After Republican Don Bolduc nabbed the Republican nomination, Hassan opened up a sizable lead in polling that has begun to wither dramatically in recent weeks. Bolduc has wavered on whether he believes the 2020 election was stolen, changing his answer to that question multiple times, which has provided fodder for Hassan.

New Hampshire swung blue this last election cycle, opting for a Democrat in both the presidential election and congressional contests.

Yet New Hampshire has the reputation of being a perennial swing state, and Republicans currently have control of the state legislature and governor’s mansion.


While many forecasters believe the Buckeye State leans Republican, Rep. Tim Ryan (D-OH) voices confidence that he can eke out an upset in the race to fill outgoing GOP Sen. Rob Portman’s seat. His Republican foe, author and venture capitalist J.D. Vance, has run as a MAGA-style populist and consistently leads Ryan in polling.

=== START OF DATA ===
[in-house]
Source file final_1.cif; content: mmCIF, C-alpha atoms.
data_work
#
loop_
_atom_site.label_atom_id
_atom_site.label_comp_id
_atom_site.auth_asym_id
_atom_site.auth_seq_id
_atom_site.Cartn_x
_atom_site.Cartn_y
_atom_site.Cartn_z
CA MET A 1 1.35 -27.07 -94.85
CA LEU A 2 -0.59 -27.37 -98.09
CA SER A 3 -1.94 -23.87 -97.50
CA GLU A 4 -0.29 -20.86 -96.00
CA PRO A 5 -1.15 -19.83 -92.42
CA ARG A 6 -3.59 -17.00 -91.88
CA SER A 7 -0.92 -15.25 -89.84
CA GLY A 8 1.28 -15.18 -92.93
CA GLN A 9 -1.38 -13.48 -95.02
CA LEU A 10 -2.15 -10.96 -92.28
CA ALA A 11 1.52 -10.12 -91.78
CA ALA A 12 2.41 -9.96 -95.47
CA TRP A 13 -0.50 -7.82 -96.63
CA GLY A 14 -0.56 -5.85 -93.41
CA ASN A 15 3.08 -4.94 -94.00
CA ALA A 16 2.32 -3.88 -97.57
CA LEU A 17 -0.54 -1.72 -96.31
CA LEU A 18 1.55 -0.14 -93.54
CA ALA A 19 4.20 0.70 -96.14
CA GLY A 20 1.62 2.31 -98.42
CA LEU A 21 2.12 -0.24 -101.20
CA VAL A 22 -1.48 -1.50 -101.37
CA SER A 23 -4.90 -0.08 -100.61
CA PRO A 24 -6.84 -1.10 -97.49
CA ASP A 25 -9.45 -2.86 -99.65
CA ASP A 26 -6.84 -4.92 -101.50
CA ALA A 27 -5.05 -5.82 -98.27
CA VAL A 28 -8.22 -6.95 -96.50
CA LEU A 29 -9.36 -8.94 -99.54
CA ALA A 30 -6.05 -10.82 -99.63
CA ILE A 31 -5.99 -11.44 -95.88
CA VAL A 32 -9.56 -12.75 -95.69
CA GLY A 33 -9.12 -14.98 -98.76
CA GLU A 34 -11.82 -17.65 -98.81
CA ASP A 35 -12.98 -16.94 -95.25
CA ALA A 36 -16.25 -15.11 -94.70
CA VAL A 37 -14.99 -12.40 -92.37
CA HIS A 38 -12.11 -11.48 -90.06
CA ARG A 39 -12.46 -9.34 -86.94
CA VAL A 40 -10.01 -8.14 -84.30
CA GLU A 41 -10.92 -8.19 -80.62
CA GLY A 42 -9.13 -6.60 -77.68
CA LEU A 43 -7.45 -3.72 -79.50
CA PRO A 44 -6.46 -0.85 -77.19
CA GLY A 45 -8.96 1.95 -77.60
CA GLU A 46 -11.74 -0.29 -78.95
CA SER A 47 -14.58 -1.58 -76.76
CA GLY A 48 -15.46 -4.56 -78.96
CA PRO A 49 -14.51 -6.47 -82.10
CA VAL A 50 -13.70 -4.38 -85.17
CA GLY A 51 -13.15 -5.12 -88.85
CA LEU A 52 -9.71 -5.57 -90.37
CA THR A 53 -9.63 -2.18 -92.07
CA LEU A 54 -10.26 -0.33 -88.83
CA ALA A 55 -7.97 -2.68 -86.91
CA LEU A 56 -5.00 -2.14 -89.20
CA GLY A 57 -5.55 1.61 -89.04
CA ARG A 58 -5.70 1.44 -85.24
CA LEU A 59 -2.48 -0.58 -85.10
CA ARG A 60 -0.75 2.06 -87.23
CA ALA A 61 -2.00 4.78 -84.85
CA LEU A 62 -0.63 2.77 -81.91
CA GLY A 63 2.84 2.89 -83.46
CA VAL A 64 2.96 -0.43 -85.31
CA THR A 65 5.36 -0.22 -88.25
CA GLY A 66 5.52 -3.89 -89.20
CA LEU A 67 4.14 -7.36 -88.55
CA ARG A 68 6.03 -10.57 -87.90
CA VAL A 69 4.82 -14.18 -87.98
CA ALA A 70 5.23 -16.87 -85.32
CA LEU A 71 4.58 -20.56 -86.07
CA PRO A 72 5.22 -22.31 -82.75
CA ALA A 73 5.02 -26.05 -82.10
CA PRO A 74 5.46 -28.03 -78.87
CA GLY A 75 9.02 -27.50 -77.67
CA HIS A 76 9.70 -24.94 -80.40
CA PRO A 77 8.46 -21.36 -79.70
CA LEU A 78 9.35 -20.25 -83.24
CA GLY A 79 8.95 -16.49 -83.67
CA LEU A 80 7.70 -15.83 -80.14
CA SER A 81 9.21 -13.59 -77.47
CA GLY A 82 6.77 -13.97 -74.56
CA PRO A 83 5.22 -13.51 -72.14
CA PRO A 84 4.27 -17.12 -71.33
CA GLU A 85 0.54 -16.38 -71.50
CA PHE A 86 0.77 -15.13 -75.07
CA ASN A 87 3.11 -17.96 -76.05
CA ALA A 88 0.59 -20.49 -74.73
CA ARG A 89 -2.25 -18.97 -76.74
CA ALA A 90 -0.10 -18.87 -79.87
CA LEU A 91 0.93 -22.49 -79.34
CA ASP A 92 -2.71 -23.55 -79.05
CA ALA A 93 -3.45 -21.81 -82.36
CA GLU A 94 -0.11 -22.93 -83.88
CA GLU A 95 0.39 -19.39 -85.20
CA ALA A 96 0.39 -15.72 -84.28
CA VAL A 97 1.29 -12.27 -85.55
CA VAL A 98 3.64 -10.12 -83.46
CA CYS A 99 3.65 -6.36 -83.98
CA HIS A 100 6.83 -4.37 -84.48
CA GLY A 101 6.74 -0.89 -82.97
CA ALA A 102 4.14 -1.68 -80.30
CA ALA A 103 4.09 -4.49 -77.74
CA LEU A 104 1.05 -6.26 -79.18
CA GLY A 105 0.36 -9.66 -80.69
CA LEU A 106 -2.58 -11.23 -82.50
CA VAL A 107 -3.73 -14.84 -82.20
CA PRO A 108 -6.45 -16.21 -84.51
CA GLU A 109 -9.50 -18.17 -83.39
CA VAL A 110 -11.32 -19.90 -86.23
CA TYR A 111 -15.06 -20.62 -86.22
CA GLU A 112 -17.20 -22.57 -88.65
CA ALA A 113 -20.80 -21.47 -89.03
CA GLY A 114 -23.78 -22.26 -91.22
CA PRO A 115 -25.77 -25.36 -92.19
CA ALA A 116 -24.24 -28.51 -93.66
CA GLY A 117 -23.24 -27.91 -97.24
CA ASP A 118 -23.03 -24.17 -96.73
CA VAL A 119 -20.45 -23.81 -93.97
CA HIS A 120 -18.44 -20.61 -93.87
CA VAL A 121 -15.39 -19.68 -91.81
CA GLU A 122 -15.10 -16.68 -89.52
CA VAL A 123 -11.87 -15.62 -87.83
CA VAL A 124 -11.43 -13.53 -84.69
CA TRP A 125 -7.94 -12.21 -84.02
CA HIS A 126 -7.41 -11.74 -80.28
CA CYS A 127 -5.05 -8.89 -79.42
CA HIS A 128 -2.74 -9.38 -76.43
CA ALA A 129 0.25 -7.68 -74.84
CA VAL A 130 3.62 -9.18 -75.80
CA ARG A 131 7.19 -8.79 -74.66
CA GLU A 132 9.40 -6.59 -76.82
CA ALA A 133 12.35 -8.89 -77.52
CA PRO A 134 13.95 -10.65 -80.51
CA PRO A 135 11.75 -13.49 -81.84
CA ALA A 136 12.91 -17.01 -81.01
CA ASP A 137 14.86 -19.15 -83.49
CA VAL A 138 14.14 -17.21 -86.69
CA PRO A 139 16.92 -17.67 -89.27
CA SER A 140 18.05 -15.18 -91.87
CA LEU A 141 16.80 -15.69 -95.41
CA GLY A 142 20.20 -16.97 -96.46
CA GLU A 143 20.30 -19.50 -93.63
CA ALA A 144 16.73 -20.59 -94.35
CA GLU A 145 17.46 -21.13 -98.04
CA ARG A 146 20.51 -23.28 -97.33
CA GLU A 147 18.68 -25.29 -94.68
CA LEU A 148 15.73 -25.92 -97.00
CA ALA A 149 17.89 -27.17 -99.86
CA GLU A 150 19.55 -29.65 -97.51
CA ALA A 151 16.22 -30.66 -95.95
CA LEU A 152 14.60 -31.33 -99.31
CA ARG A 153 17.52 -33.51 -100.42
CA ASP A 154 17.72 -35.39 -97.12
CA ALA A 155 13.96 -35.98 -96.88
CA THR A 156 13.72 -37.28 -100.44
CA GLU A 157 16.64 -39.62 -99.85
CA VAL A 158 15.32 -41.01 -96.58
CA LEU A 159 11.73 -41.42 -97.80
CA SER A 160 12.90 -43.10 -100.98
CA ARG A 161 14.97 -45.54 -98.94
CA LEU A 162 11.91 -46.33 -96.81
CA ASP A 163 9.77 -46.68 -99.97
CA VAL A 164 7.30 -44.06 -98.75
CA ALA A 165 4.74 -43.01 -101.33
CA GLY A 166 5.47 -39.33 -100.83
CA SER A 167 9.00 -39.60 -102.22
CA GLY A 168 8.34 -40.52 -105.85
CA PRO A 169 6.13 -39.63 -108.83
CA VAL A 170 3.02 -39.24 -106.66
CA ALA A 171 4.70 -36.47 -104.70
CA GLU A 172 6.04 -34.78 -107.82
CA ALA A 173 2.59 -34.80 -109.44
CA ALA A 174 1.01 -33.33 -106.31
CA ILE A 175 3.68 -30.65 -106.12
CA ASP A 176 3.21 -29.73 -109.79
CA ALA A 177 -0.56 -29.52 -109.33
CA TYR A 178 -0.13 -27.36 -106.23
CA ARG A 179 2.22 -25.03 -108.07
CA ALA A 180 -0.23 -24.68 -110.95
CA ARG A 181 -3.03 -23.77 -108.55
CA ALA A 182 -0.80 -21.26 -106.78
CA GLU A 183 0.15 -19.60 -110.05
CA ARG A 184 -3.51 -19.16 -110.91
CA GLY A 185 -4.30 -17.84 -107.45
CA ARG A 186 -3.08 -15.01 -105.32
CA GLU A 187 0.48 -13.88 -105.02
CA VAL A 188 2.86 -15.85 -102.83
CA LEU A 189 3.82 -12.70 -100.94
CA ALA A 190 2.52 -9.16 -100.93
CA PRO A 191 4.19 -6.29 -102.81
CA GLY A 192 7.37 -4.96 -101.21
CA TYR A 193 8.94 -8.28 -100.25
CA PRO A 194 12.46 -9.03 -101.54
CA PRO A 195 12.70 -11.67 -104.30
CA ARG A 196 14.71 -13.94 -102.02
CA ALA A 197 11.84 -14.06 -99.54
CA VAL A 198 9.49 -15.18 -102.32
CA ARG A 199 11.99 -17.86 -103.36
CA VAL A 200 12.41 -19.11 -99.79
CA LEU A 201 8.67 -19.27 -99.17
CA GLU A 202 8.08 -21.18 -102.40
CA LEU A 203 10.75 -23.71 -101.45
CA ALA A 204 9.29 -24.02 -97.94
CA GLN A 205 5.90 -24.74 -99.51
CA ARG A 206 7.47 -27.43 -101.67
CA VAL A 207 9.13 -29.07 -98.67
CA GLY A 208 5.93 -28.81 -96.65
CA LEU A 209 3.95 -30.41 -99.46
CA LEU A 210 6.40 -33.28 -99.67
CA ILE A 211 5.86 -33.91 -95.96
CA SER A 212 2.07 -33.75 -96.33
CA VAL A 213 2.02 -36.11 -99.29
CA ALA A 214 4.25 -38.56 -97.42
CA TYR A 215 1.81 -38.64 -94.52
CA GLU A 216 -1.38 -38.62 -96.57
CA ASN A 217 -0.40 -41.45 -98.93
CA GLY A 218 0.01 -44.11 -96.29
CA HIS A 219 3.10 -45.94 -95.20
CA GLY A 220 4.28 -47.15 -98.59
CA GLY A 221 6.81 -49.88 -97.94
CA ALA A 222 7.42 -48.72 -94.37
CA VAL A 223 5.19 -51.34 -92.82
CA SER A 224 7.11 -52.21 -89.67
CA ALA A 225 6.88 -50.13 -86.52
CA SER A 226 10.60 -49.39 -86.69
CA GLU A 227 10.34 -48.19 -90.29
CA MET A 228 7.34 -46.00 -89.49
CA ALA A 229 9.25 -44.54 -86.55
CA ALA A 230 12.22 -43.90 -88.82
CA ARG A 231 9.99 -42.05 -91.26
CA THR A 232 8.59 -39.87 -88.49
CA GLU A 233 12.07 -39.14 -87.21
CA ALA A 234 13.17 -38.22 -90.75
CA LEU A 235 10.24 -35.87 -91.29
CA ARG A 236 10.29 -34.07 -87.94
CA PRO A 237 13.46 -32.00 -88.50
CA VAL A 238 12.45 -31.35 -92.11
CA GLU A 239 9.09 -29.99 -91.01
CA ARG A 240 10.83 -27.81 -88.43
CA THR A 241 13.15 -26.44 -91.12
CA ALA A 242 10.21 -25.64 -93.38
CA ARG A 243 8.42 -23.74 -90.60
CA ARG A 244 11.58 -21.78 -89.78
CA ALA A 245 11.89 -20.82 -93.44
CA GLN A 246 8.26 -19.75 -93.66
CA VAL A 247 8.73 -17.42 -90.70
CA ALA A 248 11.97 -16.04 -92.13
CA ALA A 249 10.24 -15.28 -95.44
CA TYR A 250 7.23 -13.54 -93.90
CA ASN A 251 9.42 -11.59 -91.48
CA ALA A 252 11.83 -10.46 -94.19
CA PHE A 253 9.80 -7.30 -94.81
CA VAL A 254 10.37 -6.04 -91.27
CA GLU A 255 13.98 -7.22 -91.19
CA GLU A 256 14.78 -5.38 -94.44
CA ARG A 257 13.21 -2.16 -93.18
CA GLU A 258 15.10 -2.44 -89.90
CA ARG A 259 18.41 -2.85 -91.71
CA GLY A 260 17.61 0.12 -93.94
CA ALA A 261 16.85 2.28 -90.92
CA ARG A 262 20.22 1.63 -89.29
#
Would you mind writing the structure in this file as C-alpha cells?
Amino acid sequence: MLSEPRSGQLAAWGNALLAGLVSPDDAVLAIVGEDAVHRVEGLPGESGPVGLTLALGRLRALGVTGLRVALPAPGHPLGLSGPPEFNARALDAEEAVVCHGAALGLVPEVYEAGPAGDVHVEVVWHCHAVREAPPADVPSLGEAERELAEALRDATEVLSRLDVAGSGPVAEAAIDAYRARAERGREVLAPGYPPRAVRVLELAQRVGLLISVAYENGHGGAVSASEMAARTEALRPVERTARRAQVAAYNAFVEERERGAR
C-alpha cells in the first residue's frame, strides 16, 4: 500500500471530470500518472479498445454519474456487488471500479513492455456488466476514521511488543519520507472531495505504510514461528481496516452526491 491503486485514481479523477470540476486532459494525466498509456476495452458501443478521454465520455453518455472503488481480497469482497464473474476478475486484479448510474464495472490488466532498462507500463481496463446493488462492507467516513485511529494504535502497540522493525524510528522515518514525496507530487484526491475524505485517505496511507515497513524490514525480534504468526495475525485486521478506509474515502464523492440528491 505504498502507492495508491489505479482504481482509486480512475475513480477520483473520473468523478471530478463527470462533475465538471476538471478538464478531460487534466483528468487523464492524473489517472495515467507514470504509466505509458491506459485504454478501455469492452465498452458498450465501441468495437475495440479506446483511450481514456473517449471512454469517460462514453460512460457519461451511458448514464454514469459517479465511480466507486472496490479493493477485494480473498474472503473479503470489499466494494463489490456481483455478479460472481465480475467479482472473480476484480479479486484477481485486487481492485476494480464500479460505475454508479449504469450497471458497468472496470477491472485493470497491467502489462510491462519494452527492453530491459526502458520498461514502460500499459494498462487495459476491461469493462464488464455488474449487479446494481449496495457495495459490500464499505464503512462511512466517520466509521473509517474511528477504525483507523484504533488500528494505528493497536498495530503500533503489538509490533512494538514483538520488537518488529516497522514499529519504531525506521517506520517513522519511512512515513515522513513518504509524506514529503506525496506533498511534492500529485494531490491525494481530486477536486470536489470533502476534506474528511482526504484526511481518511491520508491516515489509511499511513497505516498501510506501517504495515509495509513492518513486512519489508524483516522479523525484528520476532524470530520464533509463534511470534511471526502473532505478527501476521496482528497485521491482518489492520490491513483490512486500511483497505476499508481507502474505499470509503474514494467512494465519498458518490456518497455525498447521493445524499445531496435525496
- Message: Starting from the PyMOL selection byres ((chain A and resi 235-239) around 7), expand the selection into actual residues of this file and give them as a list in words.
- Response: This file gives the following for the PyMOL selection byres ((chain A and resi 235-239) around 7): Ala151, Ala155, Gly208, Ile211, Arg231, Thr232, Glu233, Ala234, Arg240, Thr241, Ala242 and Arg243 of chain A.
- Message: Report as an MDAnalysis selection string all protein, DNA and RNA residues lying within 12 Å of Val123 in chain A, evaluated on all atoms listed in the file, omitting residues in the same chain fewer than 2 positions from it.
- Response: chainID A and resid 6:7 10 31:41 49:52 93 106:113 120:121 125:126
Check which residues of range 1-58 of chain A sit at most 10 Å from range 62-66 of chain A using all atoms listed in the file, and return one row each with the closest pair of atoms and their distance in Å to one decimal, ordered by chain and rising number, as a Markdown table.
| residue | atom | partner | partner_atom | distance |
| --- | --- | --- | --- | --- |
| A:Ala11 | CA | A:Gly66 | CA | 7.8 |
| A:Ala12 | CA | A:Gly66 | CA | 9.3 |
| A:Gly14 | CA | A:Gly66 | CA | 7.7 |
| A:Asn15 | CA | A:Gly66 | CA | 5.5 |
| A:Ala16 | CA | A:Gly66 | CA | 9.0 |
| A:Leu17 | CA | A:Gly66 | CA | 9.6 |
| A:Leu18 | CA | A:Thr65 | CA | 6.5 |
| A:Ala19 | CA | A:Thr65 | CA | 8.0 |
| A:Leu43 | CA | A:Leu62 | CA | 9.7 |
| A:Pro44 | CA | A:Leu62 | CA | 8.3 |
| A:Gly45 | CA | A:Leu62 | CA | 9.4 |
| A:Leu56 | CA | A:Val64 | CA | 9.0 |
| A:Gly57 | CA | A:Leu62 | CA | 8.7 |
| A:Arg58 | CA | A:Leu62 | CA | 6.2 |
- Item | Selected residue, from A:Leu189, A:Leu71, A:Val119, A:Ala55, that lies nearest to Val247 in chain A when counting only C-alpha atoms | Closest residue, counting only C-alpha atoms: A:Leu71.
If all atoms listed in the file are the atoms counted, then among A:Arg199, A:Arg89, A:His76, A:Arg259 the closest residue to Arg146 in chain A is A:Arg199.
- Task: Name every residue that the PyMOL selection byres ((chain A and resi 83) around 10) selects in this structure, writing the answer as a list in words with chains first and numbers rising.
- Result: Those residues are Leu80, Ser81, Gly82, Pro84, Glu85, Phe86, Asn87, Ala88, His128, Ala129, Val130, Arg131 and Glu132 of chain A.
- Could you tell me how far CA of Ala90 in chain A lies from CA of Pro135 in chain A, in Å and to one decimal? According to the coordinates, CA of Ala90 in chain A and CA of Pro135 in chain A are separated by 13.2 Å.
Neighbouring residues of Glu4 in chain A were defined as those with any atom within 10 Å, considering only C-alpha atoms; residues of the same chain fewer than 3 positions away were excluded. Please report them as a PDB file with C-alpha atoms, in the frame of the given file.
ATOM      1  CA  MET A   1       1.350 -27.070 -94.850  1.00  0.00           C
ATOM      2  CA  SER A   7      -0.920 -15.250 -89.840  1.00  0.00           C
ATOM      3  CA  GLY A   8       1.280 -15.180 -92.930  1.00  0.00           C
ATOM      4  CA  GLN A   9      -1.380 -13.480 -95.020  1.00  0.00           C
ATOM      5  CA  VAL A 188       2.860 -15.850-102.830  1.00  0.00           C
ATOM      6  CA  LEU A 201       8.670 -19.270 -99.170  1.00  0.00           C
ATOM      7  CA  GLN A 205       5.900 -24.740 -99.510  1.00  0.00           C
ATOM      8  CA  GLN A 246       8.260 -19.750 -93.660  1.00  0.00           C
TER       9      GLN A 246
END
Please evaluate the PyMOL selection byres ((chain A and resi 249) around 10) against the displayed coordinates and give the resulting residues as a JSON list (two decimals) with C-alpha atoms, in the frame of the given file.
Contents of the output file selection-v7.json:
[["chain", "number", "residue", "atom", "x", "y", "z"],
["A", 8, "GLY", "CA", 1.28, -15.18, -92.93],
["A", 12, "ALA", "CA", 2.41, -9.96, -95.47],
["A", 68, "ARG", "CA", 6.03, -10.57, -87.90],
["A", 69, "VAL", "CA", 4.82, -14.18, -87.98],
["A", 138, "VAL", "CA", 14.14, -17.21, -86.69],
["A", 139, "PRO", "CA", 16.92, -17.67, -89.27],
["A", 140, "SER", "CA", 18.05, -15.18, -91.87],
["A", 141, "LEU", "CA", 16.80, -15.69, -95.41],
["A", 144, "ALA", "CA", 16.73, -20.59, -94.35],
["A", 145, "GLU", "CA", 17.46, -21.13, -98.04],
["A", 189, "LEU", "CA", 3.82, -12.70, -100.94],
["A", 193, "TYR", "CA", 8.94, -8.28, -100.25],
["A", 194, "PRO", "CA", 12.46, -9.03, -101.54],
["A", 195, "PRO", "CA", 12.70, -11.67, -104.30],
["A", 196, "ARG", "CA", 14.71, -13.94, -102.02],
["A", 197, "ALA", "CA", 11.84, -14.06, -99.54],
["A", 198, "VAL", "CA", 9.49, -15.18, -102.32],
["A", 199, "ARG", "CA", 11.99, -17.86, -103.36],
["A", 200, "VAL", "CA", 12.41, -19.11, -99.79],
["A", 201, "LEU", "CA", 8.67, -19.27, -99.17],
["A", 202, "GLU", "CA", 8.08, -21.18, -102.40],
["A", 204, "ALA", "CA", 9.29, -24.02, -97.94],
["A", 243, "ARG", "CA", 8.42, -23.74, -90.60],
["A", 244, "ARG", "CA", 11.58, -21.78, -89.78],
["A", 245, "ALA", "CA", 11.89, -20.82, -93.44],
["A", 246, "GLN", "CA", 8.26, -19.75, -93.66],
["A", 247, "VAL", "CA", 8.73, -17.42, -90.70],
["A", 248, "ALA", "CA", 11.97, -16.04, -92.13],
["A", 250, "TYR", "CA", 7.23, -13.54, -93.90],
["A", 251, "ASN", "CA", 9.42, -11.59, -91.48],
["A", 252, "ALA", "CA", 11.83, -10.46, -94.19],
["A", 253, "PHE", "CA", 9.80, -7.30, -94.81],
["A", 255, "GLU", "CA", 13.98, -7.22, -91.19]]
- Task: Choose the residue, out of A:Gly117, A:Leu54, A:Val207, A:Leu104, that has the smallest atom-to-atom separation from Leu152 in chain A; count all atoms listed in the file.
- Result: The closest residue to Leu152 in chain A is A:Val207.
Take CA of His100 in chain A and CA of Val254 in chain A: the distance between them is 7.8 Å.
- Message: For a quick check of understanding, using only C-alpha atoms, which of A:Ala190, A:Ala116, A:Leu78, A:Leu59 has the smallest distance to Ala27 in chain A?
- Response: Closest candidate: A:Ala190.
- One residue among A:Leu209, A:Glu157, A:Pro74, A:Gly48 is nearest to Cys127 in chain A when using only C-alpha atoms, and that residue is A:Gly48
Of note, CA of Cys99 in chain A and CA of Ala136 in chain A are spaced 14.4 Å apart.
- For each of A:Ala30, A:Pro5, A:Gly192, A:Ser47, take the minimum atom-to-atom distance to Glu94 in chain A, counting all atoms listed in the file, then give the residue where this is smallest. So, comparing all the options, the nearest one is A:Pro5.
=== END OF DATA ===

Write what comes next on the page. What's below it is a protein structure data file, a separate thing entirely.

Ryan has anguished over the lack of support he received from national Democrats, insisting his race is winnable. He also highlights instances in which he’s bucked the party, including on matters such as student loan forgiveness and Title 42. His pitch to voters is that he would be an independent voice in the Senate.

Once a critical swing state, with its Rust Belt working-class voters, Ohio has seemingly taken a right turn, voting for Trump as well as a Republican governor and state legislature. If Ryan manages to pull off a victory in a red wave year, it would be a considerable blow to the GOP, as it needs to defend all of its currently held seats.

North Carolina

Democratic-aligned groups have pumped a sizable amount of money into the North Carolina Senate race late in the game after seemingly holding back as Democrat Cheri Beasley challenges Republican Rep. Ted Budd (R-NC) for the open seat.

Obama recently cut an ad for Beasley in the hope of boosting her prospects in a fairly tight race. Meanwhile, Budd has enjoyed the support of Trump, who was rankled by outgoing Sen. Richard Burr’s (R) vote to convict him during his second impeachment trial.

Budd has the lead in polling, and the seat is rated “leans Republican” by the Cook Political Report.